In a recently posted Rotten Tomatoes q & a interview, Nebraska‘s Alexander Payne discusses Gravity in a way that I found…well, amusing. RT’s Luke Goodsell tells Payne that “one of the things that’s constant in your career is that you seem attracted to stories about characters in transition, if not outright life crisis. Is there a particular appeal to that kind of scenario?” And Payne says, “Am I really alone in that? Aren’t all great stories about characters in transition? Isn’t it always about character revealed through times of major or minor life crisis?”

Goodsell: “A lot of great movies, yes, but not all of them. You’re right in that you’re not alone in that, it just seems like a very defining trait across your films.

Payne: “I don’t know what to say about it. I’ll think about it. [Laughs] I appreciate the observation but yeah, I don’t know. What’s a movie that doesn’t have that? Even…you know, I just saw Gravity — I’m just pulling this out of a hat because I saw it the other day — and it’s Sandra Bullock in the haunted house, right, but in space?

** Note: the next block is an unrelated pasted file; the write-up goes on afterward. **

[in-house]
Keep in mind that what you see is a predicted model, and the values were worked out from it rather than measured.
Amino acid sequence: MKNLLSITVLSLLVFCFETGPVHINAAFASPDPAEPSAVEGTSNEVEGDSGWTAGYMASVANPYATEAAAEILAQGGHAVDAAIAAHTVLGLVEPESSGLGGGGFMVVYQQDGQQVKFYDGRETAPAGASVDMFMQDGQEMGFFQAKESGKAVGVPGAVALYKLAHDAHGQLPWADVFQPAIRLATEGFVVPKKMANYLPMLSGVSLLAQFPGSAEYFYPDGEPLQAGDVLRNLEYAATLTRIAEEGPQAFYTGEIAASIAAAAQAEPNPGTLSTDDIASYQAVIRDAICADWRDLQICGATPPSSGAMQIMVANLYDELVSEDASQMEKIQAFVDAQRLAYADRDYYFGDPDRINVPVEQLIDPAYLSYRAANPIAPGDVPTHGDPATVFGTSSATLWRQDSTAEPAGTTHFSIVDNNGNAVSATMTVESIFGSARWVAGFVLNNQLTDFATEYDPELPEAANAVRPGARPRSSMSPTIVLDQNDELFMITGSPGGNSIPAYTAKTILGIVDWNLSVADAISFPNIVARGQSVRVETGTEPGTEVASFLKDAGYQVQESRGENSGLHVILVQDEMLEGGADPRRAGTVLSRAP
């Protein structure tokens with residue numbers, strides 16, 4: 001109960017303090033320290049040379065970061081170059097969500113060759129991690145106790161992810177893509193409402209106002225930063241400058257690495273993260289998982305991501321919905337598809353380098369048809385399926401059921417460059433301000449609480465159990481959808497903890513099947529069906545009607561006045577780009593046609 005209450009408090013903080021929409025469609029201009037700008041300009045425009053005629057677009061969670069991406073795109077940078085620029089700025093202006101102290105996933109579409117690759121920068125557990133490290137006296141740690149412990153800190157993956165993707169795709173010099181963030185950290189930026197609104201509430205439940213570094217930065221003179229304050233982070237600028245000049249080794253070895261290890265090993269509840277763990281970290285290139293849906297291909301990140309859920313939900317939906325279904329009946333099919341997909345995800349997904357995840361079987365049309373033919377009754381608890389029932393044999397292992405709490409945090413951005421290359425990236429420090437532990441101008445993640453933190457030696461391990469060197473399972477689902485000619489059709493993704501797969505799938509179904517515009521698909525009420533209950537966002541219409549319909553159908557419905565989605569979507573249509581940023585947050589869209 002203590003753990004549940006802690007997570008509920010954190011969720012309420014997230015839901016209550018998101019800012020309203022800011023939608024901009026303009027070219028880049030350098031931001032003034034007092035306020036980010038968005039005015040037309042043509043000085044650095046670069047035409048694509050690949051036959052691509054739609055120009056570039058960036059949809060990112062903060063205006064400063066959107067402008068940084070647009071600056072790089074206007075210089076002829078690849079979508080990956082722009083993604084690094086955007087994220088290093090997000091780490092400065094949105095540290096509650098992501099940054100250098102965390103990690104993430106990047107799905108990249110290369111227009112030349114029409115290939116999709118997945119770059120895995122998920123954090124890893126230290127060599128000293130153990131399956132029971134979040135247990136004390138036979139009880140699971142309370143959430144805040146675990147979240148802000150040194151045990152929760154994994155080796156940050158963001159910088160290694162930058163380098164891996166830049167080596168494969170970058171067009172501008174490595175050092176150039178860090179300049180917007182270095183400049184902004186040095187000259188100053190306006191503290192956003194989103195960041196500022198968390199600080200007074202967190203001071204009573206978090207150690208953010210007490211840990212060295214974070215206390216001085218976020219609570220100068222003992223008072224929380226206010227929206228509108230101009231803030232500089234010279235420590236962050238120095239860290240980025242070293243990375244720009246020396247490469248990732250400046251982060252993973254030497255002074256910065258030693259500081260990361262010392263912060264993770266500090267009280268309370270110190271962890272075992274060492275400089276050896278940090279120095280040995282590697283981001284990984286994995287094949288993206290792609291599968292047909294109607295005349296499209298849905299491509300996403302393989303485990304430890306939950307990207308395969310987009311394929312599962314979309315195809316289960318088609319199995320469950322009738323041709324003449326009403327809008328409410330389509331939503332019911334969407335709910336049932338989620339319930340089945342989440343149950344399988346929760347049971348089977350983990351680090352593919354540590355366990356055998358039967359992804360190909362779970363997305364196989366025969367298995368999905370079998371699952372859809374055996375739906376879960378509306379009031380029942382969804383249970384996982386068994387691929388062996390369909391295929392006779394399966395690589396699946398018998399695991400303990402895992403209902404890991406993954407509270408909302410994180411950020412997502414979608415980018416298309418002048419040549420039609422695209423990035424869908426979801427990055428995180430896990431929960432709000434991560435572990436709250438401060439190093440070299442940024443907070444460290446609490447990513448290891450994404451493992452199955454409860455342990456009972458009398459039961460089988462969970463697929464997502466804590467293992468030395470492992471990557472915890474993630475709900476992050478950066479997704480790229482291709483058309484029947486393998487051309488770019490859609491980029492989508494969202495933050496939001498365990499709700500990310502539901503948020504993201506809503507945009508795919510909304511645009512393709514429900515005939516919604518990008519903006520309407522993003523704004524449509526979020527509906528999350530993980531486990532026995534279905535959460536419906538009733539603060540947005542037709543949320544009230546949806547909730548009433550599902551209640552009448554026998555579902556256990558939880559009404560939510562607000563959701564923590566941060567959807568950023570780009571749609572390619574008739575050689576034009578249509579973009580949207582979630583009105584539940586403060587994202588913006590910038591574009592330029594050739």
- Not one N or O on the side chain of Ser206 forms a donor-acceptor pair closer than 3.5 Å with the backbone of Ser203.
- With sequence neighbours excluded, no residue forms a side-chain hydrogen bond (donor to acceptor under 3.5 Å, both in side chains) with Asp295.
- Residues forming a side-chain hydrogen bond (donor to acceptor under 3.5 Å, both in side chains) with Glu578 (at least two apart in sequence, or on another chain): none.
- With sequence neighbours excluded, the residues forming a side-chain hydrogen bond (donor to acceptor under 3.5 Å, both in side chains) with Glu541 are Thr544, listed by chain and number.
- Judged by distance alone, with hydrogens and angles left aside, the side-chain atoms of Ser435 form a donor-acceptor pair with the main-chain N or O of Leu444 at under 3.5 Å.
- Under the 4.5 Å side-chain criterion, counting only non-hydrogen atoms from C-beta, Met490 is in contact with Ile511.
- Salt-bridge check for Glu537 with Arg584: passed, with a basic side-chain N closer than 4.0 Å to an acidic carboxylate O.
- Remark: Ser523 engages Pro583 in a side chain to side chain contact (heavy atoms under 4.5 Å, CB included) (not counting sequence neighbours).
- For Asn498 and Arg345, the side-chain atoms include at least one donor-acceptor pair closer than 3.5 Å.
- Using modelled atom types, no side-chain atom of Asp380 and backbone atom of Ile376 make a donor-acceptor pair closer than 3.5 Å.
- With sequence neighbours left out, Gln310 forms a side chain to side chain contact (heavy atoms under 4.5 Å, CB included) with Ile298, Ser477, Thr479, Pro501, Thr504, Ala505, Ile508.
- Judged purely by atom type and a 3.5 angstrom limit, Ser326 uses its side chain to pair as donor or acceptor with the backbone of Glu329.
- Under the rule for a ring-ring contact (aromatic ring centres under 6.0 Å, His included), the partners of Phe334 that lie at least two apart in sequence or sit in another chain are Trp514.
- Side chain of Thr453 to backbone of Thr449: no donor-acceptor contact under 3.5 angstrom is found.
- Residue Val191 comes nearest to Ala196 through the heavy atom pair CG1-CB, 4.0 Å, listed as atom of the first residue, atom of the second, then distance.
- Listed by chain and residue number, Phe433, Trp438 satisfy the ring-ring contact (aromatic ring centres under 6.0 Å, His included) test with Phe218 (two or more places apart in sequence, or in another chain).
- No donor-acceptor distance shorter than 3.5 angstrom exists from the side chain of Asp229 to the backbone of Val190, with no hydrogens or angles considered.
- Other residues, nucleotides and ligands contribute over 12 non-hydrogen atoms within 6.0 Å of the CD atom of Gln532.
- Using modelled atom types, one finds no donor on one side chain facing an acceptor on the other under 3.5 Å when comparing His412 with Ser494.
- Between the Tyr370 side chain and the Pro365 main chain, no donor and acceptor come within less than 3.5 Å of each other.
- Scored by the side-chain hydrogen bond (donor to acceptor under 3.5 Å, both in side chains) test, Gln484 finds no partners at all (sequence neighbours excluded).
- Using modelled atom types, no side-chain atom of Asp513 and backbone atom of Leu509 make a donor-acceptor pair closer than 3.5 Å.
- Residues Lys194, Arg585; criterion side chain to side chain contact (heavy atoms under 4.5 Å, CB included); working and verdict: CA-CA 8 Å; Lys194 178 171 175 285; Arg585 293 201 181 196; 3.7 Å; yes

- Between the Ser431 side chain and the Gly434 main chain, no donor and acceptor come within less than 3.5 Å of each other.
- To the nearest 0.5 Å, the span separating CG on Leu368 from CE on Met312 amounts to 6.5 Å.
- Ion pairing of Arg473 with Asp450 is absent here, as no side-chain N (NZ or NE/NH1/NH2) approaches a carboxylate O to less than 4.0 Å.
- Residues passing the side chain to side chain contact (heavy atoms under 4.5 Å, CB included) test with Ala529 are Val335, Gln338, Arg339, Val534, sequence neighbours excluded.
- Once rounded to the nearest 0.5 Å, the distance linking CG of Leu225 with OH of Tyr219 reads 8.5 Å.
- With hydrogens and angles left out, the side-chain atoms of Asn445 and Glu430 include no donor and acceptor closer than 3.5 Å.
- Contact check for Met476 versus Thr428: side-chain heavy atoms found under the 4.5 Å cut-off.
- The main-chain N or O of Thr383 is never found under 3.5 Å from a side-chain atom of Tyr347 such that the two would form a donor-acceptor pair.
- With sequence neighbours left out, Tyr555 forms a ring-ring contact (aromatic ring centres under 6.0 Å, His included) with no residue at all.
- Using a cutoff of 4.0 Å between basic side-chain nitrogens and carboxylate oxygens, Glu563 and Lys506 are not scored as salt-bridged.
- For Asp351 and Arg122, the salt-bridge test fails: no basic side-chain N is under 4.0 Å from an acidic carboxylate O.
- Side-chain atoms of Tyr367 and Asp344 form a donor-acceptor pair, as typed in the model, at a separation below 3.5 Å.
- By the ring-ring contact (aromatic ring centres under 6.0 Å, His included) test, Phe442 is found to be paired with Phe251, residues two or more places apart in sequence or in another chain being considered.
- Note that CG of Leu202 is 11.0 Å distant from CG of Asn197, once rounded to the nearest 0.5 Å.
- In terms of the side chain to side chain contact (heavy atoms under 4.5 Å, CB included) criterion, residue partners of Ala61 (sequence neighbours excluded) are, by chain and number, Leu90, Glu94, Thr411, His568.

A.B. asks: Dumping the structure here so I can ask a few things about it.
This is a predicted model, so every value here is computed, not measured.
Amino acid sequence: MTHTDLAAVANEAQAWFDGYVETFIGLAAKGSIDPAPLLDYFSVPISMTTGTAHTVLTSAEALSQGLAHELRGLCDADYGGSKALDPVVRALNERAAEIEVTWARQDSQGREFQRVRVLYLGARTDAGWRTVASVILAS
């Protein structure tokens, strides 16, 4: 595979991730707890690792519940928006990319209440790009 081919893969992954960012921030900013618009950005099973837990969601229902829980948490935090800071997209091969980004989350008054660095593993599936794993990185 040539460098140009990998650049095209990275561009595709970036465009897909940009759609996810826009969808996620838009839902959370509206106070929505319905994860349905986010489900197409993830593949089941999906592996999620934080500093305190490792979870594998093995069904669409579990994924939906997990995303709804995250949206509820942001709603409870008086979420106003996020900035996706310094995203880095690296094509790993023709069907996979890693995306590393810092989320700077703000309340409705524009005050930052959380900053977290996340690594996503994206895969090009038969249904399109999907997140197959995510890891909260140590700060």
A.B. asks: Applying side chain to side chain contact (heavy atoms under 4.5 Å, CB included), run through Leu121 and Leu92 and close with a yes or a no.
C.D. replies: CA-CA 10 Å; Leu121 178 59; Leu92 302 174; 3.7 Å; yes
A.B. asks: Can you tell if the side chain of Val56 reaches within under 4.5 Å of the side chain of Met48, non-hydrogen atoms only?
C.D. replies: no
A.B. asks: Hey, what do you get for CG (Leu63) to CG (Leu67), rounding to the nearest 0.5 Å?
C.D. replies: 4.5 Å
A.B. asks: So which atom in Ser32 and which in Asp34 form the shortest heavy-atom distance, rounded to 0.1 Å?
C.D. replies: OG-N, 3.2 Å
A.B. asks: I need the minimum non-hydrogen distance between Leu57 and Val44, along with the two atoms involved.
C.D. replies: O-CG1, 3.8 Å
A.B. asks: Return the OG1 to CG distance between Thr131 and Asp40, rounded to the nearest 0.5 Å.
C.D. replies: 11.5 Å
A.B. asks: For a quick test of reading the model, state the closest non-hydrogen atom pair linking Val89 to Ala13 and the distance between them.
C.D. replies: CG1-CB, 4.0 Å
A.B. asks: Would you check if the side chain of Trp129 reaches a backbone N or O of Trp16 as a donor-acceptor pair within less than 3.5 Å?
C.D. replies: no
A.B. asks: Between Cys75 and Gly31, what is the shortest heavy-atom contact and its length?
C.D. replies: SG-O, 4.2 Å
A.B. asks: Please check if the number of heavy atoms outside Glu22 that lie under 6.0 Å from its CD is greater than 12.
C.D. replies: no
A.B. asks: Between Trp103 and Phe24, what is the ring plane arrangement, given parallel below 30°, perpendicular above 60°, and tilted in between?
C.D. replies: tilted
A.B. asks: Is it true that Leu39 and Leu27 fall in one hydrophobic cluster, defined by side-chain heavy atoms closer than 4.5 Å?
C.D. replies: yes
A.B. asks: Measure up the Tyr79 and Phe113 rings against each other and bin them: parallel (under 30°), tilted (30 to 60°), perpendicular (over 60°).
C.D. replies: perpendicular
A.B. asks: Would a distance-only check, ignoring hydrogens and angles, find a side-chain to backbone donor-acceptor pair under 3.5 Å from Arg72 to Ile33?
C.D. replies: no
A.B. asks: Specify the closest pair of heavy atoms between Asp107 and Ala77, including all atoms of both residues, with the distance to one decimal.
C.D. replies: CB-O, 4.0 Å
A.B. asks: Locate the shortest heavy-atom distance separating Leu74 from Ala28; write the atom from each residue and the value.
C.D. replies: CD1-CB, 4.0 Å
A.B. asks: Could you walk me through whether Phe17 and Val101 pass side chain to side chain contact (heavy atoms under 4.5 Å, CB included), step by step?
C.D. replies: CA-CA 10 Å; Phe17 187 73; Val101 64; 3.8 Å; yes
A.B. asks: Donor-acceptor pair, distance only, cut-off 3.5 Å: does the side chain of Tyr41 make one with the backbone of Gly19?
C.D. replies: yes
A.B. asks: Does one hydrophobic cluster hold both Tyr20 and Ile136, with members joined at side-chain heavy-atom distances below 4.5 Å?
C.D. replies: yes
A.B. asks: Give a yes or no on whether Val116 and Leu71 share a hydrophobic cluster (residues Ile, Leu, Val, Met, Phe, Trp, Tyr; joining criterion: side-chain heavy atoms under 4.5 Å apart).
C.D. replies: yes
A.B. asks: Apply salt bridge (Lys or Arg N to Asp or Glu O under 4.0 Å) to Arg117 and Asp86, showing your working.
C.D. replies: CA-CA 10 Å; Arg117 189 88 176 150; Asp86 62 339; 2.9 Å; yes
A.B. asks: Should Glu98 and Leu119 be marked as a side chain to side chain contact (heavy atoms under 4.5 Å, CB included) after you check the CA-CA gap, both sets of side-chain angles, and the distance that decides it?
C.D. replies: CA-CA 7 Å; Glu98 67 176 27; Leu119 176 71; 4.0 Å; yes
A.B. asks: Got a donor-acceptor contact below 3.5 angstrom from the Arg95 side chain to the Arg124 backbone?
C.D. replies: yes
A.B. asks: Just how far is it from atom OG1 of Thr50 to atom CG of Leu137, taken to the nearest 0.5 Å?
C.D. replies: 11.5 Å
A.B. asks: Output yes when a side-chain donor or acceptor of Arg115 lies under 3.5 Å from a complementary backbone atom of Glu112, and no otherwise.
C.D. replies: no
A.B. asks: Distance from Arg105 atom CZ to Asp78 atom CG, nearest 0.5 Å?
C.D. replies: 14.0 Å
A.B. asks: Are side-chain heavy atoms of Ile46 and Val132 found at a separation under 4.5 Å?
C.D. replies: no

Goodsell: “Right.”

Payne: “But even her they imbued with — whether you thought it was corny or not — that she had lost a daughter, and this was a way of literally and figuratively getting her feet back on the ground. Even that they had to put that sort of backstory in to add to that. I don’t know.”

When I interviewed Gravity director Alfonso Cuaron in Telluride, I told him that I was getting sick of backstories and that I thought the new way to go these days is “no backstory” (like J.C. Chandor does with Robert Redford in All Is Lost), and Cuaron said, “Thank you, man.”